Biogen and Aduhelm: ‘Manufacturing capabilities will align with demand’

With minimalized demand for the one-time touted blockbuster Aduhelm, Biogen could be left with 198,000 L of mammalian capacity to fill.

Millie Nelson, Editor

May 5, 2022

2 Min Read
Biogen and Aduhelm: ‘Manufacturing capabilities will align with demand’
Image: Stock Photo Secrets

With minimalized demand for the one-time touted blockbuster Aduhelm, Biogen could be left with 198,000 L of mammalian capacity to fill.

Between its Swiss site in Solothurn and a plant in North Carolina, Biogen said last year it has a combined capacity of 198,000 L, capable of producing tens of millions of doses of Alzheimer’s drug Aduhelm (aducanumab).

However, despite the US Food and Drug Administration (FDA) approving Aduhelm in June 2021, the commercial future of the monoclonal antibody (mAb) has been hanging in the balance following the US government’s Centers for Medicare & Medicaid Services (CMS) program limiting the use of the medicine to patients last month.


Image: Stock Photo Secrets

As such, questions remain regarding the future of the large manufacturing capacity previously dedicated to the one-time expected blockbuster.

Biogen is already feeling the financial strain through lack of sales and underutilized capacity, stating in its first quarter 2022 results this week that it was “negatively impacted” by a $275 million charge for Aduhelm inventory write-offs, and reporting a loss of $45 million due to “idle capacity.”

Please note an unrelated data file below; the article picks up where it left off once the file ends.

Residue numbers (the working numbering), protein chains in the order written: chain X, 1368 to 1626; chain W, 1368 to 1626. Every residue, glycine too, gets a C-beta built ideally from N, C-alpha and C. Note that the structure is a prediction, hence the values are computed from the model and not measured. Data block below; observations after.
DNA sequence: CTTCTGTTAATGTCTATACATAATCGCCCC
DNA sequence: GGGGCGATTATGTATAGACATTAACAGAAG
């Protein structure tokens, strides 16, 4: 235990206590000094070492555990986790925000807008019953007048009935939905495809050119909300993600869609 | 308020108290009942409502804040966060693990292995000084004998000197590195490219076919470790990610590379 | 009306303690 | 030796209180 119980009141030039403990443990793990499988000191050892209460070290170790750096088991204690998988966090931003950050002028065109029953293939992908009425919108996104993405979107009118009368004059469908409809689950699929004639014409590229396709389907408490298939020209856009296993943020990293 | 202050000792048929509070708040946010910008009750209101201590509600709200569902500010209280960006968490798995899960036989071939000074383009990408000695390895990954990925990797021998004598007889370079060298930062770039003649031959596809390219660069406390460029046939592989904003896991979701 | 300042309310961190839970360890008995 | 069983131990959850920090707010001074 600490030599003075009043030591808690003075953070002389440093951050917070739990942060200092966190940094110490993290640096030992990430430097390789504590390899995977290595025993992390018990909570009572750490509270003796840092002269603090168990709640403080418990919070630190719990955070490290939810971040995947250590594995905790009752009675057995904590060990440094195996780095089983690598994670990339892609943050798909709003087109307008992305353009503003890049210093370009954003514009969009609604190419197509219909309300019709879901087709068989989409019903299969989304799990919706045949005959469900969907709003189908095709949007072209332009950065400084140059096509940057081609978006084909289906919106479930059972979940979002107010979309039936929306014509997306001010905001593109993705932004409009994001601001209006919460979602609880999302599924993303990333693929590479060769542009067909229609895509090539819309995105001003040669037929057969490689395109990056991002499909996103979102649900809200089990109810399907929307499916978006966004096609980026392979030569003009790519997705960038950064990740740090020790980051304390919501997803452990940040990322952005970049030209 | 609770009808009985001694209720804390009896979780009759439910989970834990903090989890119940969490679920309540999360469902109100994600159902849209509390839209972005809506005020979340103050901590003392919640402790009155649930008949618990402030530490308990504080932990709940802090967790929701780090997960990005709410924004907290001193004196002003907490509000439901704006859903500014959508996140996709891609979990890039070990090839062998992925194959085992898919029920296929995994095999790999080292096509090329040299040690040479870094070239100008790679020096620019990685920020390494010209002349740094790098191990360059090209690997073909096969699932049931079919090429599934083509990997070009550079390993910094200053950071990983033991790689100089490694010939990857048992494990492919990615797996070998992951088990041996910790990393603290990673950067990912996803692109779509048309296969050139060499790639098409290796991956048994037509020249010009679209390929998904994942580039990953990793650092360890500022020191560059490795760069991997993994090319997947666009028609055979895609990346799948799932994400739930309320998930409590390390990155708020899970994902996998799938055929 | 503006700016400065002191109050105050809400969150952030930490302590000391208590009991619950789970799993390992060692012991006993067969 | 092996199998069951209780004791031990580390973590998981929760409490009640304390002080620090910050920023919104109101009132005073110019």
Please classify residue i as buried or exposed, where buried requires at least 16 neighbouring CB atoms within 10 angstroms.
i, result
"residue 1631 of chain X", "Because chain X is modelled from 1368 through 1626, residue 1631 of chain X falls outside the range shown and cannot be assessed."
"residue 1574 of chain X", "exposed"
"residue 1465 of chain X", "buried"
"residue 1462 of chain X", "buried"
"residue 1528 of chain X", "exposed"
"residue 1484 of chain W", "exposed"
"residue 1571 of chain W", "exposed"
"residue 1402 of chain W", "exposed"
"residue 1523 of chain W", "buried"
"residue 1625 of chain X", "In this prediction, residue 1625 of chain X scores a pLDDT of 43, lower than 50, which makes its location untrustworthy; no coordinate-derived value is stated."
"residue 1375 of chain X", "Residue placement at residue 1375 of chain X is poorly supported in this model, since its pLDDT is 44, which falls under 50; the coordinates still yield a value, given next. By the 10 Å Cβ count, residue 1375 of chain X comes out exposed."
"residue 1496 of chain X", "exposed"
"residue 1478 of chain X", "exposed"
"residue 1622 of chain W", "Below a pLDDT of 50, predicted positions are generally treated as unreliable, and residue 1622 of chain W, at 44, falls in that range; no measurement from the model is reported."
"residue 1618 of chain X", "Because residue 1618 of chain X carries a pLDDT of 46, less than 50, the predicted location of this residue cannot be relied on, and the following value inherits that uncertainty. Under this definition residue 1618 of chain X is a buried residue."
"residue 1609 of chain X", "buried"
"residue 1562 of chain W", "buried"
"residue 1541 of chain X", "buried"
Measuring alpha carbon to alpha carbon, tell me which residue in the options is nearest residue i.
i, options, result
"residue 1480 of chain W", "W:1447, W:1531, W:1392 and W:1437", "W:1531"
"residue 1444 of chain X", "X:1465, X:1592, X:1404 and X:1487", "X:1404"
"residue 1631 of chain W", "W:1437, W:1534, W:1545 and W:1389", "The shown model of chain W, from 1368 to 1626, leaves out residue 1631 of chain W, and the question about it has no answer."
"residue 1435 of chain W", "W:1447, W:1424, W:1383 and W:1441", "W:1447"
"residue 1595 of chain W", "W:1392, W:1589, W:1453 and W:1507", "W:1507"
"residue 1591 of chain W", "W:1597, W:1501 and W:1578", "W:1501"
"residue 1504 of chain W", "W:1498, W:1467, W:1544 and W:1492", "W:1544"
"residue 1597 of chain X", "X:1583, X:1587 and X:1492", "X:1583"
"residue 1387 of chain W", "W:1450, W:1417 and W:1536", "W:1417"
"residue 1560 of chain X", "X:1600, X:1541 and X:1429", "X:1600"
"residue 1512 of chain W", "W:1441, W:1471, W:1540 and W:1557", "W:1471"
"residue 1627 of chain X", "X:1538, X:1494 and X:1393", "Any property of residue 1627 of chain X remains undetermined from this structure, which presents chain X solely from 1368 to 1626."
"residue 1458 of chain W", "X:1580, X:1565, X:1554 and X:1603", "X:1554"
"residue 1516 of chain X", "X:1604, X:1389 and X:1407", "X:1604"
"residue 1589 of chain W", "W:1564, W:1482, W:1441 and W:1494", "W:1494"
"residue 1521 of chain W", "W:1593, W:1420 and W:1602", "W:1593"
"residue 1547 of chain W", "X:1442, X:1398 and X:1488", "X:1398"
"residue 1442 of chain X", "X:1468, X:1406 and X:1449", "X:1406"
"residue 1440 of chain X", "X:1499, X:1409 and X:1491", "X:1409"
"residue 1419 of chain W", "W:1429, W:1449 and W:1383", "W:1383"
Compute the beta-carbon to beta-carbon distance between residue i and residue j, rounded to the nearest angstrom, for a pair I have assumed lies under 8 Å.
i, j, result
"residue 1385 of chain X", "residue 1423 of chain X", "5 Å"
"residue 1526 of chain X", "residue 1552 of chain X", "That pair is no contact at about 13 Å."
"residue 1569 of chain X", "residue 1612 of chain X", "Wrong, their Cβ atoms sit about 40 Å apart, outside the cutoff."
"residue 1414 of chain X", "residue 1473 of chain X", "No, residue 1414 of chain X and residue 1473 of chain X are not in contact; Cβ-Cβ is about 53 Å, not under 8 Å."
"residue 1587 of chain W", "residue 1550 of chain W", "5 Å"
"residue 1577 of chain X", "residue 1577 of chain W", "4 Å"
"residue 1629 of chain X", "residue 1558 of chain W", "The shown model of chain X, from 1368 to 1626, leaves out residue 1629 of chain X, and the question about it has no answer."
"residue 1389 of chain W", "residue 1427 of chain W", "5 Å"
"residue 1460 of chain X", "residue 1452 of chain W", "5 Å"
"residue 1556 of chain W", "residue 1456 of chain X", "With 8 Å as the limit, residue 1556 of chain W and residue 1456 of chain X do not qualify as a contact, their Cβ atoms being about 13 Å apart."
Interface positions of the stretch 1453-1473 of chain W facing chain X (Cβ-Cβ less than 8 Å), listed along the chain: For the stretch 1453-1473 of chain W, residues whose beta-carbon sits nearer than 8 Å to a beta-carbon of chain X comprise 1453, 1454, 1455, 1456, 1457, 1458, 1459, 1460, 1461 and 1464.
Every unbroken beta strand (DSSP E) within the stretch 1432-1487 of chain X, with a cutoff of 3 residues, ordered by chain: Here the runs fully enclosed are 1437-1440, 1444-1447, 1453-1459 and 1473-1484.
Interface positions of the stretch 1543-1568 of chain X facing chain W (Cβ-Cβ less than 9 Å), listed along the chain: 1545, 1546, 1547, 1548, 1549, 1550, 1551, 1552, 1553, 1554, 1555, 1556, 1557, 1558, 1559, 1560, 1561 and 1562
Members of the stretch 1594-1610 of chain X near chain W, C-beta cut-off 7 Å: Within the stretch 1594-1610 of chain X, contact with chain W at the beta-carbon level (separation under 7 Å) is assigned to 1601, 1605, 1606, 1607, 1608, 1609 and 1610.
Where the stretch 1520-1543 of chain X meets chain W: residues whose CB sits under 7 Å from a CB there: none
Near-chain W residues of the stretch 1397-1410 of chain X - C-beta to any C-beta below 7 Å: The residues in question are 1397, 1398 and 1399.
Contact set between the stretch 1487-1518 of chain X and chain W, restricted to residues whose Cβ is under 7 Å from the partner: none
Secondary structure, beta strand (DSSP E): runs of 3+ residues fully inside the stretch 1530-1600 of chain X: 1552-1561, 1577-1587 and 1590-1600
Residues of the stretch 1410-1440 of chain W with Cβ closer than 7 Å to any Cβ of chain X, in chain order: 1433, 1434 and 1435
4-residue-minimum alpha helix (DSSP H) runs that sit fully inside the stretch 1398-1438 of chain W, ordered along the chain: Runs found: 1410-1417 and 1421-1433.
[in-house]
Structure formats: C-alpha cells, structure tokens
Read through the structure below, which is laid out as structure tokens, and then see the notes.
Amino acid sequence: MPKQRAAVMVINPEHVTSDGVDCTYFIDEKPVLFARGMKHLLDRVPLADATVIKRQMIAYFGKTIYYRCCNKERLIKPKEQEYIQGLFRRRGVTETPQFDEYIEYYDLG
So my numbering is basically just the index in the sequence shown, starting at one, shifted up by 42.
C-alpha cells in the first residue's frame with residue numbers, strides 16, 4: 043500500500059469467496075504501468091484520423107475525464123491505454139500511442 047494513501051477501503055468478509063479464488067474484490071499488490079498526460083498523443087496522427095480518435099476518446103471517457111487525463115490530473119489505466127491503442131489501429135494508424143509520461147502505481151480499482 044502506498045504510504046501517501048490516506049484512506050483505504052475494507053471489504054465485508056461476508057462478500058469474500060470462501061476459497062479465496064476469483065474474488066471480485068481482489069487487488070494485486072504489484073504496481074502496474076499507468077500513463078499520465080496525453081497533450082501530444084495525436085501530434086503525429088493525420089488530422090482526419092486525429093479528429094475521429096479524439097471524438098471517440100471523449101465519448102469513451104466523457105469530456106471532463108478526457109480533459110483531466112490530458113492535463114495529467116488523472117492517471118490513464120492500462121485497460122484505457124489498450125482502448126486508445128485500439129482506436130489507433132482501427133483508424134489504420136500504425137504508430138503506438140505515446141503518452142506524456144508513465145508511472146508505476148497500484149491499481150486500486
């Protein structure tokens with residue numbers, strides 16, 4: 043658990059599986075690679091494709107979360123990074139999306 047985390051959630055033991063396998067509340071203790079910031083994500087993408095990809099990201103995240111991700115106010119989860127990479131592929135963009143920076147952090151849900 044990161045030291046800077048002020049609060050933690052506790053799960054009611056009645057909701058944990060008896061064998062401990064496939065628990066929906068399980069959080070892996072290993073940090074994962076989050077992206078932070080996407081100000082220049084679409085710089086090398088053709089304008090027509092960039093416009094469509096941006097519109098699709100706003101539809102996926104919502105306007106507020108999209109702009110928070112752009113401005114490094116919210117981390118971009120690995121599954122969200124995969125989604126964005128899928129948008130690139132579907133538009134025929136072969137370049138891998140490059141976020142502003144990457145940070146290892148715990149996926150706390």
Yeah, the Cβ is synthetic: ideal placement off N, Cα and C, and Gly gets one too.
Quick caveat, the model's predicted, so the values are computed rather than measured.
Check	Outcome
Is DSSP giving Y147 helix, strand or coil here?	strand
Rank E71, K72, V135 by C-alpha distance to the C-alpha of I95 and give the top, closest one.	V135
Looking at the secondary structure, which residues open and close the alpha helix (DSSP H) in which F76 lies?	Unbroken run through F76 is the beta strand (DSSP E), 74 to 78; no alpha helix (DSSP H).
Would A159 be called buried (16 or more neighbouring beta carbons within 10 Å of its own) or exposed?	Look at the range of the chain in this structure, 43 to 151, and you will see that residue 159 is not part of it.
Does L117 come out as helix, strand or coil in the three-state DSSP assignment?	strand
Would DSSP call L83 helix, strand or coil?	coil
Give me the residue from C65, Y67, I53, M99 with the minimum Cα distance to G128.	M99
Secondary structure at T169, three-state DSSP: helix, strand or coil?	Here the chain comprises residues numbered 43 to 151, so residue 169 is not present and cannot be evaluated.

A Biogen spokesperson remained vague on future Adulheaim manufacturing plans, telling us: “We remain agile and are aligning our capabilities with the needs of the business.”

With the bleak reality that Aduhelm might flop, CEO Michael Vounatos told shareholders during the call that Biogen will “substantially eliminate our commercial infrastructure for Aduhelm [and] retain minimal resources to manage patients access programs,” but, again, was not specific about its manufacturing capacity plans.

The 198,000 L of bioreactor capacity could perhaps be used to support upcoming products as Aduhelm is not Biogen’s only potential money-maker. The firm has 10 programs in Phase III, including another Alzheimer’s disease mAb candidate lecanemab, which Vounatos said it plans to “submit for full FDA approval by the first quarter of 2023 with the opportunity for [it] to become the first anti-amyloid antibody to obtain authorization in the US.”

Cost-reduction plans

Biogen said during the call that it will take additional measures to save $500 million through the elimination and reduction of its Aduhelm infrastructure. This brings the firm’s expected savings to $1 billion as last December the company announced cost-reduction methods to save $500 million.

“We will implement additional cost reduction and productivity measures that will include a substantial elimination of our commercial infrastructure supporting Aduhelm as well as other cost reduction while we continue to form promising pipeline and commercial opportunities,” the spokesperson said.

“As part of these measures, this will include a reduction in head count to further align our cost with our revenue base.”

Furthermore, Vounatsos announced he will step down from his role as CEO at Biogen but will remain in the position until his successor is appointed.

About the Author(s)

Millie Nelson

Editor, BioProcess Insider

Journalist covering global biopharmaceutical manufacturing and processing news and host of the Voices of Biotech podcast.

I am currently living and working in London but I grew up in Lincolnshire (UK) and studied in Newcastle (UK).

Got a story? Feel free to email me at [email protected]

You May Also Like